The Art and Science of Collection Development

Collection development is a science and an art that certified school librarians are specifically trained for. In addition to the preparation provided during graduate courses, school librarians continue to learn about collection development via conference sessions, webinars, journal articles, professional connections, and more.

School library collections are carefully curated and thoughtfully inclusive in content and perspectives to support the curricular and developmental needs and interests of students with the goal of inspiring lifelong learners and readers. It is not a responsibility that school librarians take lightly. We are highly invested in curating quality collections that speak to our students and connect them to the world around them.

Book selection can take weeks or even months to curate a list of high-quality books that represent a wide range of authors, genres, topics, views, and experiences that also meet students’ needs and interests. Making decisions about what to purchase requires time for thoughtful deliberation that many school librarians are not able to do during the school day due to busy schedules leaving collection development to happen during off-duty hours. This is especially true for those who manage collections for multiple buildings.

No matter how a book order comes together, most school librarians begin the same way. First, know your budget and consider possibilities for additional funding if needed. Then, determine which vendors you can, and want, to use. Also, check to see if your school/district has a selection policy in place that you need to follow. If not, you can learn more about selection, deselection, and reconsideration policies here.

Once you have determined these critical items, there are a few steps you can take to determine which books to purchase that both meet the unique needs of your student body as well as fit within your school library’s budget.

  • Know your student body’s demographics and learner needs. Make sure you have books that not only allow your students to see themselves but that also reflect the experiences of others . Determine the range of reading levels represented in your school, languages spoken, and any sensory needs students might have.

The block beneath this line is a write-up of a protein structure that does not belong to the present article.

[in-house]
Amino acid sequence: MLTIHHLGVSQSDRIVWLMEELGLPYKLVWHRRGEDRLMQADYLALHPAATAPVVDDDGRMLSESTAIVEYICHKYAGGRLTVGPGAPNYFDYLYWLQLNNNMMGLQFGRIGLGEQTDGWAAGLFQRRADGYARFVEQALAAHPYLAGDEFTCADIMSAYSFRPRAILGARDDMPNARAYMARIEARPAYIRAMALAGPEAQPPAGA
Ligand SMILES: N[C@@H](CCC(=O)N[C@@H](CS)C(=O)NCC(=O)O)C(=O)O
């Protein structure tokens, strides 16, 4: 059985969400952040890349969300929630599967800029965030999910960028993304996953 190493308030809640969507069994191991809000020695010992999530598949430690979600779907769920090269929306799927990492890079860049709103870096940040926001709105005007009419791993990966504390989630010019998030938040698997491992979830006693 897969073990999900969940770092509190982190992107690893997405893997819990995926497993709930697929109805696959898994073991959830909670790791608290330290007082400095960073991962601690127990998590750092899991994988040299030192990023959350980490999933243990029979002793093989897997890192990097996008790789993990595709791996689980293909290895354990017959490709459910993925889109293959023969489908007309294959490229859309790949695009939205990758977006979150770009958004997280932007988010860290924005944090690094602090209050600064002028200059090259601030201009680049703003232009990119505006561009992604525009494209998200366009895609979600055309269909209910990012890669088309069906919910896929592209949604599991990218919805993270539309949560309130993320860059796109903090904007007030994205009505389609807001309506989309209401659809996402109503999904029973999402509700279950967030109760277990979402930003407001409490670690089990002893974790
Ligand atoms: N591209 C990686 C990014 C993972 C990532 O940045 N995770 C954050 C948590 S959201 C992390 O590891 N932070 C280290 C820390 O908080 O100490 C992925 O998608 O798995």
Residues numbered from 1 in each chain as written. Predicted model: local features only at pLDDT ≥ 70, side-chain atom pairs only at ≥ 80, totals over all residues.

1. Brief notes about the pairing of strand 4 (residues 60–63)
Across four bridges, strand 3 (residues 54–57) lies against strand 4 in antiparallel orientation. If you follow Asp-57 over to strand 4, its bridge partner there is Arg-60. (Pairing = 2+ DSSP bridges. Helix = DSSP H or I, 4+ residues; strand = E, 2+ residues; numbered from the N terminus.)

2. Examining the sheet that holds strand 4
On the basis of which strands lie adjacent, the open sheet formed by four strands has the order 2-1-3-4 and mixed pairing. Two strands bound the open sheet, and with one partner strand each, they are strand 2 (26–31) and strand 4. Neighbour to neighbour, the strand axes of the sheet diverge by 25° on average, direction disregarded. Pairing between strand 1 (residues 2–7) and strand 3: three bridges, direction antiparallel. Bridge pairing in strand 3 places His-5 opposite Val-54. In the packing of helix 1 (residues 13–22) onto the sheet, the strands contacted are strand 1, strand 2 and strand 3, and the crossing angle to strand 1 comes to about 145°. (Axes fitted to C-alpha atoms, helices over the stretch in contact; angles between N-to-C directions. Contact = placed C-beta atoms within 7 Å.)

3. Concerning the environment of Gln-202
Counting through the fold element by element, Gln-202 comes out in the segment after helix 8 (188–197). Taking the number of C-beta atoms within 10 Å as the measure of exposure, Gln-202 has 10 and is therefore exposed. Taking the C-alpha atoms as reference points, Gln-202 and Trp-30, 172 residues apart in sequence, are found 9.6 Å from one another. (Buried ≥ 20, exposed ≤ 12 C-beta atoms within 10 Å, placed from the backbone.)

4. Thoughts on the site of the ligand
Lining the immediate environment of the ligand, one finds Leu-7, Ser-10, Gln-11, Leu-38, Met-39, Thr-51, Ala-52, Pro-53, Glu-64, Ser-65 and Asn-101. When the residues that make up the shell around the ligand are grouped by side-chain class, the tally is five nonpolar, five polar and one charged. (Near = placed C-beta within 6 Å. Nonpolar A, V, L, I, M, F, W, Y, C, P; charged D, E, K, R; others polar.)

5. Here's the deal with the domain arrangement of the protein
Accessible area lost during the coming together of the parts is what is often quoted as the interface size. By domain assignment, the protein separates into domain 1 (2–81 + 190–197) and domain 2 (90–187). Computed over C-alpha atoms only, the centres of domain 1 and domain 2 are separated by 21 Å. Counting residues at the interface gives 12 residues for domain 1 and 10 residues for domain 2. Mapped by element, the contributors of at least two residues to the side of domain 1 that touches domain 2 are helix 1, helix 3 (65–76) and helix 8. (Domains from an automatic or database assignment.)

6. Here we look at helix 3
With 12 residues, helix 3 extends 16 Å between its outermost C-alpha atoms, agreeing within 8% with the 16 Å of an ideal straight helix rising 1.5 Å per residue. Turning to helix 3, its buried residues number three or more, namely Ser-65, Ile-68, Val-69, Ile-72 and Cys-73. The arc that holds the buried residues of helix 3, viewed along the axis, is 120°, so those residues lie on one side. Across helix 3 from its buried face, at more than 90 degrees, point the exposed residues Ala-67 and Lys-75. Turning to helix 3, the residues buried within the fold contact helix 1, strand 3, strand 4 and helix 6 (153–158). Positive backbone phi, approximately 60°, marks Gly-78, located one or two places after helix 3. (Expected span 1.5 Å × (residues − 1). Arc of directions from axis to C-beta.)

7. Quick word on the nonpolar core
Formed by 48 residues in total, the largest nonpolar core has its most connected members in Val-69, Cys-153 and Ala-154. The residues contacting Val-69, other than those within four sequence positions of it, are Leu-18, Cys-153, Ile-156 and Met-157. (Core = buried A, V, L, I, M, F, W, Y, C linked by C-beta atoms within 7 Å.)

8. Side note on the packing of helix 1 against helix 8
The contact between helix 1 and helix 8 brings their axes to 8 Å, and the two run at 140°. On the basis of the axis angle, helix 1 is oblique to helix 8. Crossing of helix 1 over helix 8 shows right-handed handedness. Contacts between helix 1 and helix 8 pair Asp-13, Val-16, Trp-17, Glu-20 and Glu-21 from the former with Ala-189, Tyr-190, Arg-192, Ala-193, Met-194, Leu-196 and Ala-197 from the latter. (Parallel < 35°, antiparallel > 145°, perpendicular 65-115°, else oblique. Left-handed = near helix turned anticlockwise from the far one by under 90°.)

• Explore the required curriculum, especially for core classes. Are there any specific assignments or standards that might benefit from additional print or digital books to supplement the current course offerings? Maybe a textbook is out of date or does not cover a required standard in depth. Talk with your classroom teachers to enlist their input to help decide what will be used before you purchase it.
  • Conduct an audit of your current collection. While you cannot update every section at once, you can make a plan to update specific sections each year. Audits can help you decide what to prioritize and can include any of the following:
    1. Examine the age of the collection. Some vendors can run a check and break down the average age by Dewey range or genre.
    2. Determine the diversity of representation. Again, some vendors provide this service and assess the diversity of sections of your collection based on tags they have assigned to titles. You can learn more about how to conduct your own diversity audit here. Something else to consider is running a diversity audit of the books on your book order before you submit it.
    3. Check for missing items from sets or series. Are there any popular series that have holes in them? Maybe a series isn’t being checked out because book one is lost. Or maybe you need the latest in the series. If possible, run a lost or missing books list from your catalog system to help locate holes in series as well as other books that may need reordered.
    4. Pay attention to what your students are asking for that you aren’t able to currently provide. For example, over the past two years, I have had a noticeable number of students looking for books about cars and true crime. I looked to see what we had available, and our offerings were minimal or lackluster, so I knew I wanted to focus some of my purchases on those areas.